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Old 09-07-2014, 11:48 AM
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Hi there - after 16 years of marriage I was presented with my walking papers. We have a cohabitation agreement. Even though the agreement says I do not have a right to the matrimonial home - do I? In the agreement he protected all of his assets and has now become debt free, rich, hidden funds in a company and retired. I however have worked all this time have no assets and with legal bullying has even convinced FRO to withdraw their enforcement of the spousal support of the cohabitation agreement. Where do I start?
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Old 09-07-2014, 12:46 PM
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so it looks like both of you are not happy with the agreement you signed. It sounds like both of you want to pick and choose what parts to follow.

Was there anything in the agreement dealing what would happen in the event of marriage? If not that I am wondering if that is an angle you can use, that the marriage made the cohabitation agreement null and void? If he doesn't live up to his part of the agreement with the SS then maybe that will also make the contract null and void as he isn't doing his part of it.

Just throwing some things out there.
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Old 09-07-2014, 01:08 PM
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Thanks - the agreement is valid after marriage.
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Old 09-07-2014, 02:23 PM
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Was he ordered to pay SS? How did FRO get involved. I don't understand how he can convince FRO to stop enforcement. For FRO to be involved there must have been an agreement or order to start the enforcement?

Unfortunately this may be costly for you. You signed a contract and now that the marriage has ended you want to break the agreement. If you knew going into this you were not entitled to certain assets or whatnot, you cannot now claim you were blind sided and are now left with nothing.

I don't mean to sound harsh, but it is clear that this agreement was written up and signed by both of you. You cannot now decide not to follow it because the marriage ended, that was the whole point of it no? You may have to seek a lawyer to go through the agreement and see if there are any loop holes or something that would make the agreement null and void. I have read a few cases where the cohab agreements and prenups were thrown out because they were not done properly, maybe this will be your case too?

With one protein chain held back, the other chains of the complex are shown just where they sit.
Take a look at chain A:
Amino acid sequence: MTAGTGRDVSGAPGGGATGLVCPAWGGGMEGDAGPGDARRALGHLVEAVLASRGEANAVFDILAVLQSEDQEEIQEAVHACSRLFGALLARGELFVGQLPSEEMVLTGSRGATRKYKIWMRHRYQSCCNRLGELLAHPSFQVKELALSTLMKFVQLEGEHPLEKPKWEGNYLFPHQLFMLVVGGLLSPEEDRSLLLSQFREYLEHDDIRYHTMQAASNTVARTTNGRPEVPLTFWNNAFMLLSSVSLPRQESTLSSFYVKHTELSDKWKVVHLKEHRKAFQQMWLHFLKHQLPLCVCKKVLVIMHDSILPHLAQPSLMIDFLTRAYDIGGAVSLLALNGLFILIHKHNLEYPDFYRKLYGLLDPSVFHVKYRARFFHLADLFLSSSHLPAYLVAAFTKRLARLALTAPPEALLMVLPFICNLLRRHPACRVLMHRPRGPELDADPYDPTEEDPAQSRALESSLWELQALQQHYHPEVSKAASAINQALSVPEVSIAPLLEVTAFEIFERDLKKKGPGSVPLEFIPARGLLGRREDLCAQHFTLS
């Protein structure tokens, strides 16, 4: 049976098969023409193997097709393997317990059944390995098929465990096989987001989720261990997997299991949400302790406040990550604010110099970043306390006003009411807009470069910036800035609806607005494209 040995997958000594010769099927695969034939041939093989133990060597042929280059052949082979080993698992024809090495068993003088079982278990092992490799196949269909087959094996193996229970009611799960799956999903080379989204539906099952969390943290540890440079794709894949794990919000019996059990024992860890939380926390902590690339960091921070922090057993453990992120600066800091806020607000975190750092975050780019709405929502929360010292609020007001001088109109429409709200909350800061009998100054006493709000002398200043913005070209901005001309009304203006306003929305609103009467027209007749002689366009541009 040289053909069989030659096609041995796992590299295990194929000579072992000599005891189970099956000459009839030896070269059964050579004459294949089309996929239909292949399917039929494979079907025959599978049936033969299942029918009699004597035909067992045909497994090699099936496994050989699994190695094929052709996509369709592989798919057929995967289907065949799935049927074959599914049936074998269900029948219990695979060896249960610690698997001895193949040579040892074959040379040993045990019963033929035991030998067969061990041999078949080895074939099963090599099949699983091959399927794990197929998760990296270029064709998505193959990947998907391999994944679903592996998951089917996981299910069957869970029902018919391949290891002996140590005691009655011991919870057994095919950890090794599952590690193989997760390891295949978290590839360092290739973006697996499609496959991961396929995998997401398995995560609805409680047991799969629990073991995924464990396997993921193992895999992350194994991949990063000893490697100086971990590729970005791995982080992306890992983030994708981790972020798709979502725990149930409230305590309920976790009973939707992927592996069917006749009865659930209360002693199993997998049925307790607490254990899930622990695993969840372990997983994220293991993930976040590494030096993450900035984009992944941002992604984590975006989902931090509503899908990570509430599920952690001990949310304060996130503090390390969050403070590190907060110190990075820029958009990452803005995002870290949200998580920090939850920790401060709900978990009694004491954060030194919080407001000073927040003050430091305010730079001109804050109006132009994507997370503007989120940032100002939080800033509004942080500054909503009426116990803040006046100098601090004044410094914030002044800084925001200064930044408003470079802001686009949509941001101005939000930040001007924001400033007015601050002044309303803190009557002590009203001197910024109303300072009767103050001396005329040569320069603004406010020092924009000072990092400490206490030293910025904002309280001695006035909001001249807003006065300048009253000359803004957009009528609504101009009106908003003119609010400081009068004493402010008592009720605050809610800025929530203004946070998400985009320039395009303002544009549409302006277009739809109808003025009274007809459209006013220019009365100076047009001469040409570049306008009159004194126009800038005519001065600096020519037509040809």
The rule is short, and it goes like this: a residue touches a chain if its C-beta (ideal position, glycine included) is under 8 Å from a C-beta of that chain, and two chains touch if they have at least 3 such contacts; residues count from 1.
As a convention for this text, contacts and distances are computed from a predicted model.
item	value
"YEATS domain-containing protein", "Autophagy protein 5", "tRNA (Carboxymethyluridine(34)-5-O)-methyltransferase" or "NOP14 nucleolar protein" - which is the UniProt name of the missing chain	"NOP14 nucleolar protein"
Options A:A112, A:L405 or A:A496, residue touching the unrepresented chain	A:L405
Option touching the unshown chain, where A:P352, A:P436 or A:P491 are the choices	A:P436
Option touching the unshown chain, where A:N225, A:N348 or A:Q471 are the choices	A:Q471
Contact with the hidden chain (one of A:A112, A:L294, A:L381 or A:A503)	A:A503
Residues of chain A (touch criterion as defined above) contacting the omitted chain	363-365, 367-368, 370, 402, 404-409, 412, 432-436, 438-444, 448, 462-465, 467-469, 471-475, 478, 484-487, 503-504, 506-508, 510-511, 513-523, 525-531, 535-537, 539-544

Good luck!
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Old 09-07-2014, 02:33 PM
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When you say that the agreement says you don't have "a right to the matrimonial home", do you mean a right to live there? Or do you mean a right to a share in the value of the marital home, as a joint asset?

And when you say you told FRO to stop enforcement of spousal support, do you mean that spousal support was already being paid and then you stopped it, or do you mean you agreed in your cohabitation agreement that you would not involve FRO in collection or enforcement?

I think you're really going to need a lawyer on this one. Like the other posters have said, it sounds like you signed an agreement which made certain assets off-limts to you in the event of the marriage ending - and now the marriage has ended. A lawyer would be able to tell you what rights you still have, and what rights you signed away.
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Old 09-07-2014, 02:42 PM
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I agree it would be smart to get some legal advice. In the meantime you could read up on "material change of circumstances." This is the common, legally permissible basis in which to revisit your separation/divorce agreement.

An experienced lawyer who works in family law will be able to critically examine your documentation and determine if your situation has merit. Sometimes even the most elaborately written agreements fall short of covering all issues, namely, those items not considered at the time when the agreement was drawn up and executed by you and your ex.
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Old 09-08-2014, 10:49 AM
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Unfair agreements get thrown out like rotten fruit.... there are so many ways to overturn it:
-Lack of legal advice
-High pressure situation
-Unconscionably unfair
-Hiding Assets/Information

The only thing guaranteed in a divorce is who you don't have to live with...
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Old 09-08-2014, 01:14 PM
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It depends on the wording of the agreement.

Again though, you signed it, you should live with it.

You might be able to get some parts of it overturned but it will not be easy, cheap or fast. It's also not a guarantee.
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Old 09-08-2014, 03:25 PM
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if the ex husband doesn't want to follow the agreement in regards to the SS how can he try to enforce other parts like the house? I wonder if she changed her mind on the house once he changed his mind on the SS?

I wonder also if because of the fact he doesn't want to follow it and she doesn't want to follow it if it could/would be thrown out due to this?

Its not just her who should live up to the contract, its him also.
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Old 09-08-2014, 03:35 PM
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The OP needs to have provided a lot more information about the situation in order to get better advice.
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